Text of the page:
It’s been a roller-coaster of an Oscar run for Kristen Stewart. A runaway Best Actress frontrunner for much of the season, the “Spencer” star took a tumble in recent weeks as her film got completely blanked by the guilds. Nevertheless, Stewart survived the madness and earned a nomination on Tuesday — the only one for “Spencer.” If she prevails, she’ll become the 13th Best Actress champ as the sole nominee for her film.
The first 12 were:
1. Mary Pickford, “Coquette” (1928/29)
2. Marie Dressler, “Min and Bill” (1930/31)
3. Helen Hayes, “The Sin of Madelon Claudet” (1931/32)
4. Katharine Hepburn, “Morning Glory” (1932/33)
5. Bette Davis, “Dangerous” (1935)
6. Joanne Woodward, “The Three Faces of Eve” (1957)
7. Sophia Loren, “Two Women” (1961)
8. Jodie Foster, “The Accused” (1988)
9. Kathy Bates, “Misery” (1990)
10. Jessica Lange, “Blue Sky” (1994)
11. Charlize Theron, “Monster” (2003)
12. Julianne Moore, “Still Alice” (2014)
SEE None of the Best Actress Oscar nominees are in Best Picture contenders for the first time in the preferential era
Stewart played Moore’s daughter in “Still Alice” — and Moore thanked her in her speech — so it’d be fitting if she becomes the next member of this group. In the early odds, Stewart is in fourth place, behind Olivia Colman (“The Lost Daughter”), Nicole Kidman (“Being the Ricardos”) and Jessica Chastain (“The Eyes of Tammy Faye”). Penelope Cruz (“Parallel Mothers”) is in fifth. It’s not entirely surprising that she trails the trio as all three women received Screen Actors Guild Awards nominations, unlike Stewart and Cruz, and no one has won Best Actress without a SAG nomination yet.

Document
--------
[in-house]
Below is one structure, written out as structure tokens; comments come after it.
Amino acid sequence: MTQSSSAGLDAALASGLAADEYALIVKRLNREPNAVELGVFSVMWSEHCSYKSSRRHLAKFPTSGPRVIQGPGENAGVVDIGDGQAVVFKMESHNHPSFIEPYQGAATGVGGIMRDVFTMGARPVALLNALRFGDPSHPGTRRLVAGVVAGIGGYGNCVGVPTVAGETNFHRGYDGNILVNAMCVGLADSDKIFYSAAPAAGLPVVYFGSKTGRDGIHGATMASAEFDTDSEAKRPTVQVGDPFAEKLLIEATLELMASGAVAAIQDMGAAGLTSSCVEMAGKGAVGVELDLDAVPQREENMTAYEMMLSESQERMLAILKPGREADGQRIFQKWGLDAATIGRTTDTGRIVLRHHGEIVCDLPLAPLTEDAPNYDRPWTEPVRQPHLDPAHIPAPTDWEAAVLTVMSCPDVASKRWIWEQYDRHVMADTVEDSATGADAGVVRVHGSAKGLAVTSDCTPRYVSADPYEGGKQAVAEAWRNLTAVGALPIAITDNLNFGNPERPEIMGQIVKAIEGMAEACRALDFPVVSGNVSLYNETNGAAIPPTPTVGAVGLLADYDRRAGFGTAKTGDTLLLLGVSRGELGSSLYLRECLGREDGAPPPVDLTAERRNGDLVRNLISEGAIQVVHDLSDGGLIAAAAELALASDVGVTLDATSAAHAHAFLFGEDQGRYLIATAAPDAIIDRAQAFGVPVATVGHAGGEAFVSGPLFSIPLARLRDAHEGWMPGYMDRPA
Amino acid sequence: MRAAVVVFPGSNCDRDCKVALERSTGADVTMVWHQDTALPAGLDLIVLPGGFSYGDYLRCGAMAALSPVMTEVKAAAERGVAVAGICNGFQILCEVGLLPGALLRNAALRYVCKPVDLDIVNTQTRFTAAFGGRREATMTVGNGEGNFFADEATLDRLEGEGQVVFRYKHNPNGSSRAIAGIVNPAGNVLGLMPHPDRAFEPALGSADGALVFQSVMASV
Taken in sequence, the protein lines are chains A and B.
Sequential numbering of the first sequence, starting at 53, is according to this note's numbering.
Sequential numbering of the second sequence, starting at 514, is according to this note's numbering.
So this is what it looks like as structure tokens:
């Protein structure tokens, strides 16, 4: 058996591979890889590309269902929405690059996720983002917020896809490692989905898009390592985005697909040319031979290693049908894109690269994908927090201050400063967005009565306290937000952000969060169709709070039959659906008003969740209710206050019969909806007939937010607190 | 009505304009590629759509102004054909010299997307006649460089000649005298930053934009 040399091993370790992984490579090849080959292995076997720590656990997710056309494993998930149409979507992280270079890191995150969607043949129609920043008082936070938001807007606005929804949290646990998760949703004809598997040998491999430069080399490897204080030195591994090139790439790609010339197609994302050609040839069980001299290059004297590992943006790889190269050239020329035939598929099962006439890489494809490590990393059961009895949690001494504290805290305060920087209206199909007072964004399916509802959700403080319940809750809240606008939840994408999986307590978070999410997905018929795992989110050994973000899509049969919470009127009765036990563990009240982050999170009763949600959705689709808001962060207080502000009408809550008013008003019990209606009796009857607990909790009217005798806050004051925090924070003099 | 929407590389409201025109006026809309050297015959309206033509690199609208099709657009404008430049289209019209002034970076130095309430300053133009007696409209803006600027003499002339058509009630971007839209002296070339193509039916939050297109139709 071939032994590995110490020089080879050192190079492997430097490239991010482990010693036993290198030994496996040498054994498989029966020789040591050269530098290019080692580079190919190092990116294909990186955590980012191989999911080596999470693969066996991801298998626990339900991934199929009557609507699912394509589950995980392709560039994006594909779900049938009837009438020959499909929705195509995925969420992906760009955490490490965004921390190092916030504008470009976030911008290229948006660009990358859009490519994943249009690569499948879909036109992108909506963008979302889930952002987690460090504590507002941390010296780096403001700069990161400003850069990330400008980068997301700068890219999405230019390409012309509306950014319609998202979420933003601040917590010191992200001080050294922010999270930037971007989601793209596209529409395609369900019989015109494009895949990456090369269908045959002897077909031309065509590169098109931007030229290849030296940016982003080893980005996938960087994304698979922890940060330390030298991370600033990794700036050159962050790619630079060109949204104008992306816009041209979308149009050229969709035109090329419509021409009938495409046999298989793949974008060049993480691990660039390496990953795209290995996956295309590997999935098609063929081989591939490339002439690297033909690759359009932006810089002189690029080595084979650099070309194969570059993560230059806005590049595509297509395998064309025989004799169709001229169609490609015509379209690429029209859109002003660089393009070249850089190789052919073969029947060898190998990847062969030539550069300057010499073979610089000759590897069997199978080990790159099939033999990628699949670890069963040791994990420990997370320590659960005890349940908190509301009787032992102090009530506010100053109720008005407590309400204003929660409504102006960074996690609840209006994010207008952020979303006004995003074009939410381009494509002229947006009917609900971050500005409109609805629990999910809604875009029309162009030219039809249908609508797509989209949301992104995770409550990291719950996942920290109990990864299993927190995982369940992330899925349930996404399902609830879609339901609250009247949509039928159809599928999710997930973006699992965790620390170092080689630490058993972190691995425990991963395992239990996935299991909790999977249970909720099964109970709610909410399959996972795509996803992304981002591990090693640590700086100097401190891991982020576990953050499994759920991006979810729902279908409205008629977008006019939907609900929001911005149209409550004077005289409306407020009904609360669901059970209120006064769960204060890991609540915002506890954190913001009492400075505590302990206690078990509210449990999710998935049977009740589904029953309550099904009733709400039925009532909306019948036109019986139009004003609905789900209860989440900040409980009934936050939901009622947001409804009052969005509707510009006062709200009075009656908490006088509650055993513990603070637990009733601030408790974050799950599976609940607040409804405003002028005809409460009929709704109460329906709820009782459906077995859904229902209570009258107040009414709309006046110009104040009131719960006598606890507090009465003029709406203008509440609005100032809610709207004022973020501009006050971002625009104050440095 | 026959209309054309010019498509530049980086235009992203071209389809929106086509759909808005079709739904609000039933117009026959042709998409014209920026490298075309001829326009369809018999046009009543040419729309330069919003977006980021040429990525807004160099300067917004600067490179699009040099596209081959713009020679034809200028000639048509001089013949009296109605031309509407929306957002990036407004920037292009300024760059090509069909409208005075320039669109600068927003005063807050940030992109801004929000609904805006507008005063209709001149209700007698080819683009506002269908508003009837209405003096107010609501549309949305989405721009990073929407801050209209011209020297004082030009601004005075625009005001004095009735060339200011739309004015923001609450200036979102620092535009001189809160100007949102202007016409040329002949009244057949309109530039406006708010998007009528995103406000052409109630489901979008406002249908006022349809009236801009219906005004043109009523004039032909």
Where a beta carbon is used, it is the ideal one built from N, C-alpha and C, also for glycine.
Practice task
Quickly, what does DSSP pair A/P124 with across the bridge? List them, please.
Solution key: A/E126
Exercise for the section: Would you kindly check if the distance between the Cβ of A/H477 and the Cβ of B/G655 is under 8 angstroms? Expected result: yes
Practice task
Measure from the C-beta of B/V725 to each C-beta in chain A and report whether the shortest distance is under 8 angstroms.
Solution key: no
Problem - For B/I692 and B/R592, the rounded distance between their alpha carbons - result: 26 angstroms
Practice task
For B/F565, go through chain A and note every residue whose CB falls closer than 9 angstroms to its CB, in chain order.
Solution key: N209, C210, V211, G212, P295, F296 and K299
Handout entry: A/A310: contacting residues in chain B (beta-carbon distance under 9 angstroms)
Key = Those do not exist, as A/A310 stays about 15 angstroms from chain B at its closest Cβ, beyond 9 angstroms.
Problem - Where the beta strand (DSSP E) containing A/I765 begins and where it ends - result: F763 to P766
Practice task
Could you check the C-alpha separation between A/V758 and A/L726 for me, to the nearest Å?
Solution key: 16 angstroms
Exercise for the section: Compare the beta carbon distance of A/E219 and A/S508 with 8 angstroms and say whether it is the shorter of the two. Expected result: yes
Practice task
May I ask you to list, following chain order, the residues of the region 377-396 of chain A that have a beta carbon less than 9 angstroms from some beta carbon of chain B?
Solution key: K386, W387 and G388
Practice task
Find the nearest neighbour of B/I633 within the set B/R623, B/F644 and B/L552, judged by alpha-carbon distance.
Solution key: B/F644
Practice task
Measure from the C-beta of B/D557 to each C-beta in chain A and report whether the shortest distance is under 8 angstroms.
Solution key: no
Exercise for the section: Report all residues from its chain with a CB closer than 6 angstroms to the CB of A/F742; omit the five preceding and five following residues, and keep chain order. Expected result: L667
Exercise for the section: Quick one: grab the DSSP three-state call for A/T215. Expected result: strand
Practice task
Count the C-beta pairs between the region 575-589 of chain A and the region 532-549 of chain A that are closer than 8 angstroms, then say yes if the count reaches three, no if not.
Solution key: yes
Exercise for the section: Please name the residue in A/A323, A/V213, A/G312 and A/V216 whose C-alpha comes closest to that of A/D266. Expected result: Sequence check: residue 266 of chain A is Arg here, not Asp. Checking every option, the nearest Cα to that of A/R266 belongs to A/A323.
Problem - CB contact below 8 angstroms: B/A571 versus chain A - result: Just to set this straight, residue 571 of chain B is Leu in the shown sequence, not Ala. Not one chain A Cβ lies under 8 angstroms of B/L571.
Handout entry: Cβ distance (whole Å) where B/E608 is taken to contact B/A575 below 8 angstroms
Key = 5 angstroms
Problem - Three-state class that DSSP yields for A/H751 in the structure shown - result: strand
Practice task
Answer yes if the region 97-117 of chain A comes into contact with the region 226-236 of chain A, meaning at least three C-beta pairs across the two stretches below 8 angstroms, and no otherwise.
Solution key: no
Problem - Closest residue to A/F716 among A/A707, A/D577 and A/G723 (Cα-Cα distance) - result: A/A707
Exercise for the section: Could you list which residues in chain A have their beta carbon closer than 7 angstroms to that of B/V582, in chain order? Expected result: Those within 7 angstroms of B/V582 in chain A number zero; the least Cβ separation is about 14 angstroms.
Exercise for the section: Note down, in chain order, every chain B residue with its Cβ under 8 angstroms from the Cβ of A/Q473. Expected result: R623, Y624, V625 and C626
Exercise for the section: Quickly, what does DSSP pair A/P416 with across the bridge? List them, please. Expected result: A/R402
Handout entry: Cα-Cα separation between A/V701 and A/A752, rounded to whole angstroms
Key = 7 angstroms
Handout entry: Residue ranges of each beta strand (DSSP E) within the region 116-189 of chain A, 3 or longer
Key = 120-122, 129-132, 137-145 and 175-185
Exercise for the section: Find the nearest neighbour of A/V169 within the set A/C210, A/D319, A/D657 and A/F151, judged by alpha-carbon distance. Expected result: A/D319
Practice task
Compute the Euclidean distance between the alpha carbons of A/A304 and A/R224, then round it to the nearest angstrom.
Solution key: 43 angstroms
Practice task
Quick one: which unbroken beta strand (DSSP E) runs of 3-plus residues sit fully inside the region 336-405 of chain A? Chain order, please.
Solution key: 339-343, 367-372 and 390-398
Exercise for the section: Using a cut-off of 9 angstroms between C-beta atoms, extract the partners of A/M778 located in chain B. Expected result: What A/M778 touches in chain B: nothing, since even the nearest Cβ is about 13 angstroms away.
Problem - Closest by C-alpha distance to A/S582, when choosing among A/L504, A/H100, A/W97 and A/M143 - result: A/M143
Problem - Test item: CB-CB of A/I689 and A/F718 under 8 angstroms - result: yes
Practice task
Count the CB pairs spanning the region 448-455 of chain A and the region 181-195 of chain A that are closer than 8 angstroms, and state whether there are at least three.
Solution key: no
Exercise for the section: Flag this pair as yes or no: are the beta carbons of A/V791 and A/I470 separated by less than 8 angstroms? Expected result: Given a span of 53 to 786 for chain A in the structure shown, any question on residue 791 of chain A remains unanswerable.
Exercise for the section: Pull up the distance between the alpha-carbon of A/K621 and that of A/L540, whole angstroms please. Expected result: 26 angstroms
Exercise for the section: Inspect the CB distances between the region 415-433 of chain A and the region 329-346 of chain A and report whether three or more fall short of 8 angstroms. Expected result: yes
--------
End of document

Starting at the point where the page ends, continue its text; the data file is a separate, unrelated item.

But given how tumultuous and twisty Best Actress has been this year, even more so than last year’s that had a fairly predictable top five, it’d be presumptuous to say Stewart is out of it completely. One thing helping her cause is that no one’s film in this category is incredibly strong. For the first time in the modern preferential era, none of the Best Actress nominees are in Best Picture nominees. “The Lost Daughter” and “Being the Ricardos” have three nominations apiece, while “The Eyes of Tammy Faye” and “Parallel Mothers” each have two. If support remains fractured, Stewart could eke it out.
However, “Spencer” is easily the most divisive film of the five, and while the acting branch pulled through to get Stewart the nomination for her turn as Princess Diana, the entire membership votes for the winners and that’s where the film’s lack of across-the-board support could hurt. Plus, unlike Moore, who swept all the major precursors, Stewart can’t do that and is not even nominated at two of the upcoming ones, SAG and BAFTA.
Stewart is the fourth solo Best Actress nominee since 2019, following Glenn Close that year for “The Wife” and last year’s duo of Andra Day (“The United States vs. Billie Holiday”) and Vanessa Kirby (“Pieces of a Woman”). Of the three, only Close was expected to win her overdue Oscar, but she lost to none other than Colman, who fronted Best Picture and 10-time nominee “The Favourite.” One thing’s for sure: At the moment, there’s no favorite in the Best Actress race.
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